A Dream of Death and the Light Beyond Light: Remembering Ñacuñán by Laura Shannon

In my final year of college, my B.A. in Intercultural Studies required me to take a daily accelerated Spanish class. Thus I met Ñacuñán Sáez, the dazzlingly urbane young professor from Argentina who had recently come via Italy and Oxford to our tiny liberal arts college in western Massachusetts. Ñacuñan spoke four languages, adored Maria Callas, and showed up at his first faculty dinner party amongst the snowshoes, mufflers and plaid lumberjack coats of the Berkshire Mountains sporting a white dinner jacket and carrying a bottle of Campari.

Ñacuñán Sáez

Ñacuñán taught with theatricality and flair, keeping us students awake and interested, even at the ungodly hour of 8.30 am each day. The sample sentences he concocted as grammar exercises were gems of Latin American magical realism, provoking laughter as well as thoughtful discussion about different beliefs, realities and worlds.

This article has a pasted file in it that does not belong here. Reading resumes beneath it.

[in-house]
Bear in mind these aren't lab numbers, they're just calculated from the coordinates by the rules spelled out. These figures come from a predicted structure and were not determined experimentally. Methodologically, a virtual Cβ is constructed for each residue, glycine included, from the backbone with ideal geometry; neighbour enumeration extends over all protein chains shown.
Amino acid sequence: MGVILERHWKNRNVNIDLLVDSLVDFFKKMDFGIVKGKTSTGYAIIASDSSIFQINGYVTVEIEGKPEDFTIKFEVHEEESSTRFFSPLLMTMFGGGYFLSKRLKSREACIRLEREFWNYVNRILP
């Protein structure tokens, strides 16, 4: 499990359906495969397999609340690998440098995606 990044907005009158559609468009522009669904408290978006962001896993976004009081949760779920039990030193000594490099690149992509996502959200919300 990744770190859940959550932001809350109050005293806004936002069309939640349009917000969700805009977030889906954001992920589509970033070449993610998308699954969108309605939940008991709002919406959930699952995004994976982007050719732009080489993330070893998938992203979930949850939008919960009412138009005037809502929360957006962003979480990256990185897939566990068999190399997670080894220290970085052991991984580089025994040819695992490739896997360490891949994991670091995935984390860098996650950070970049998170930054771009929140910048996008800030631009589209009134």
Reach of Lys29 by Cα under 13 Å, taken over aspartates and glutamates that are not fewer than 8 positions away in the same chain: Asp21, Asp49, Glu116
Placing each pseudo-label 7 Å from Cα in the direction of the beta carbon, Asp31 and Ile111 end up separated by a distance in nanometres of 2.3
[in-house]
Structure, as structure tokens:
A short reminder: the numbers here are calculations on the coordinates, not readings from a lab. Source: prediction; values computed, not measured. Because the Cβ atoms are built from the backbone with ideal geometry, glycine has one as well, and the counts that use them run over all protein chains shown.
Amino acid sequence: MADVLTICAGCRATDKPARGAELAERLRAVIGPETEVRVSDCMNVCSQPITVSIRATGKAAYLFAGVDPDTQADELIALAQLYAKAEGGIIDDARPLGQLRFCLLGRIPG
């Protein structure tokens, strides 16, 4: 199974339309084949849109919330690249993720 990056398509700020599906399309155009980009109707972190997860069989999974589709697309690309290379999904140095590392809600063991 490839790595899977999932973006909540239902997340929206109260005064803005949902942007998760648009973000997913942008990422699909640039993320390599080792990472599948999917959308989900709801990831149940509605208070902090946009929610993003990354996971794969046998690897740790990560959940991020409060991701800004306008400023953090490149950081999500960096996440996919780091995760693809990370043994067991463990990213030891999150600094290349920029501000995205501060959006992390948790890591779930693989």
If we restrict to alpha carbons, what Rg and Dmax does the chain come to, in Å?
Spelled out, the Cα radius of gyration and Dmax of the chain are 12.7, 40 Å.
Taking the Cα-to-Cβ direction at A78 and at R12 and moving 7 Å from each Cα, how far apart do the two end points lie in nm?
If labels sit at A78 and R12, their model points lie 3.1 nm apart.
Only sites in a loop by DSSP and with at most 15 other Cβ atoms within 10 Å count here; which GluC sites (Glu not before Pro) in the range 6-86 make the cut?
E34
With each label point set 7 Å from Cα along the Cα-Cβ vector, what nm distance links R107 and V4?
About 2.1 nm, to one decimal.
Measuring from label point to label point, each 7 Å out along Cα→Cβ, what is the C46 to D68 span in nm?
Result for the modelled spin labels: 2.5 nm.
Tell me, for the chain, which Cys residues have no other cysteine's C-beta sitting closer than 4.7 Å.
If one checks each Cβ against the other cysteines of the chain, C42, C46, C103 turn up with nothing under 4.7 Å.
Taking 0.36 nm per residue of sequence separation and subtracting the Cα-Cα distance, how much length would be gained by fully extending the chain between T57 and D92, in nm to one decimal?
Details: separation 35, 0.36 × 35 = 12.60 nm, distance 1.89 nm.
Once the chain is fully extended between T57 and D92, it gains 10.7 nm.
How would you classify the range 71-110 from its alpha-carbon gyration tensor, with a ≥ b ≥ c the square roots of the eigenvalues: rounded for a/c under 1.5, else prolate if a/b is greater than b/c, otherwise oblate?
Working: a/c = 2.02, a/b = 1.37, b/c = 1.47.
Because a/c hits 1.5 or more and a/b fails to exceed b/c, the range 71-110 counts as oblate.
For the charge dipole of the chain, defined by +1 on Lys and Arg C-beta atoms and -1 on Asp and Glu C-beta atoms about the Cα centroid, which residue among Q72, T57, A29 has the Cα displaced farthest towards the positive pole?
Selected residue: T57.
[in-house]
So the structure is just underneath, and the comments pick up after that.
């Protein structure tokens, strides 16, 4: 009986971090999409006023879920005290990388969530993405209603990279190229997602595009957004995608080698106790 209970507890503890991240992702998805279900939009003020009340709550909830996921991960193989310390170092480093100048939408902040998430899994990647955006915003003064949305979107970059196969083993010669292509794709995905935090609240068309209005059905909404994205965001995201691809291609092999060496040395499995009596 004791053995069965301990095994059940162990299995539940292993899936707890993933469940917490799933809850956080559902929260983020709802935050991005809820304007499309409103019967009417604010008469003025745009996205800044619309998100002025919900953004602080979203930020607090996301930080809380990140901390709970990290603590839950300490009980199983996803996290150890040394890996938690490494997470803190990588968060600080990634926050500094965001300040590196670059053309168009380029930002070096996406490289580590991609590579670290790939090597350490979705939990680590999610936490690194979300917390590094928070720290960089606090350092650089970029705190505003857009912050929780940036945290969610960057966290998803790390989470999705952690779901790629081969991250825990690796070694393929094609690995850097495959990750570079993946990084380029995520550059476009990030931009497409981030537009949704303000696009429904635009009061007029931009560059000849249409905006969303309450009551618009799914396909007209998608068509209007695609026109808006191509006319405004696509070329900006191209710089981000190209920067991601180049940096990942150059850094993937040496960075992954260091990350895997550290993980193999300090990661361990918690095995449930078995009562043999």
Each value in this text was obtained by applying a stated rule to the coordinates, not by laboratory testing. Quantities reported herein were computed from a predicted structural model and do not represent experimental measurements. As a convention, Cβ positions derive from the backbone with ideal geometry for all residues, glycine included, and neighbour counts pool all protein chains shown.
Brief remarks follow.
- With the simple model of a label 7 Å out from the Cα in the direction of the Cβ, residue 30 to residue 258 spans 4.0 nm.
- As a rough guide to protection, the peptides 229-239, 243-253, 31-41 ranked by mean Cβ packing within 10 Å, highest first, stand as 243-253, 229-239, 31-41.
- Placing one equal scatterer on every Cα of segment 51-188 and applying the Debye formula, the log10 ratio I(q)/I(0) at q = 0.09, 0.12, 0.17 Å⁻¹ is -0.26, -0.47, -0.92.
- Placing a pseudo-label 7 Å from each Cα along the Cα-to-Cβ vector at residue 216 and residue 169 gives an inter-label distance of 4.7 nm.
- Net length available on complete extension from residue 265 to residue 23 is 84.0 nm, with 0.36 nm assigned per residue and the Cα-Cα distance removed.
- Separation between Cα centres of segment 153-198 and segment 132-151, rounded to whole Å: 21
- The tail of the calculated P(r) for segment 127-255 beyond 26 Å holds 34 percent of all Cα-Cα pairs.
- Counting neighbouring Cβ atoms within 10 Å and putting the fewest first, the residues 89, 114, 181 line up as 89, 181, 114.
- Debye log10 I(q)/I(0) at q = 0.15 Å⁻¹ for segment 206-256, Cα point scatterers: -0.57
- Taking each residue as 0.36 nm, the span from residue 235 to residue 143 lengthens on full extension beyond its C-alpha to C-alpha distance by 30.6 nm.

Continue reading “A Dream of Death and the Light Beyond Light: Remembering Ñacuñán by Laura Shannon”

The Ancestors Live in Us by Carol P. Christ

Carol Christ in LesbosOn the recent Goddess Pilgrimage to Crete women had the option of riding up a winding road on a mountainside in the back of a farm truck singing “She’ll Be Comin’ ‘Round the Mountain” or could choose to go with the guard in his closed automobile.

That evening one of the older women who had chosen to ride in the car said, “I saw how much fun you were all having, but I have done that before. This time I was happy to let the rest of you do it.”

“That’s exactly how I feel about death,” I responded. “Some people want to live on after death, but I don’t. I am happy to let others do it. The only thing that would upset me would be if life did not go on after me.” Continue reading “The Ancestors Live in Us by Carol P. Christ”

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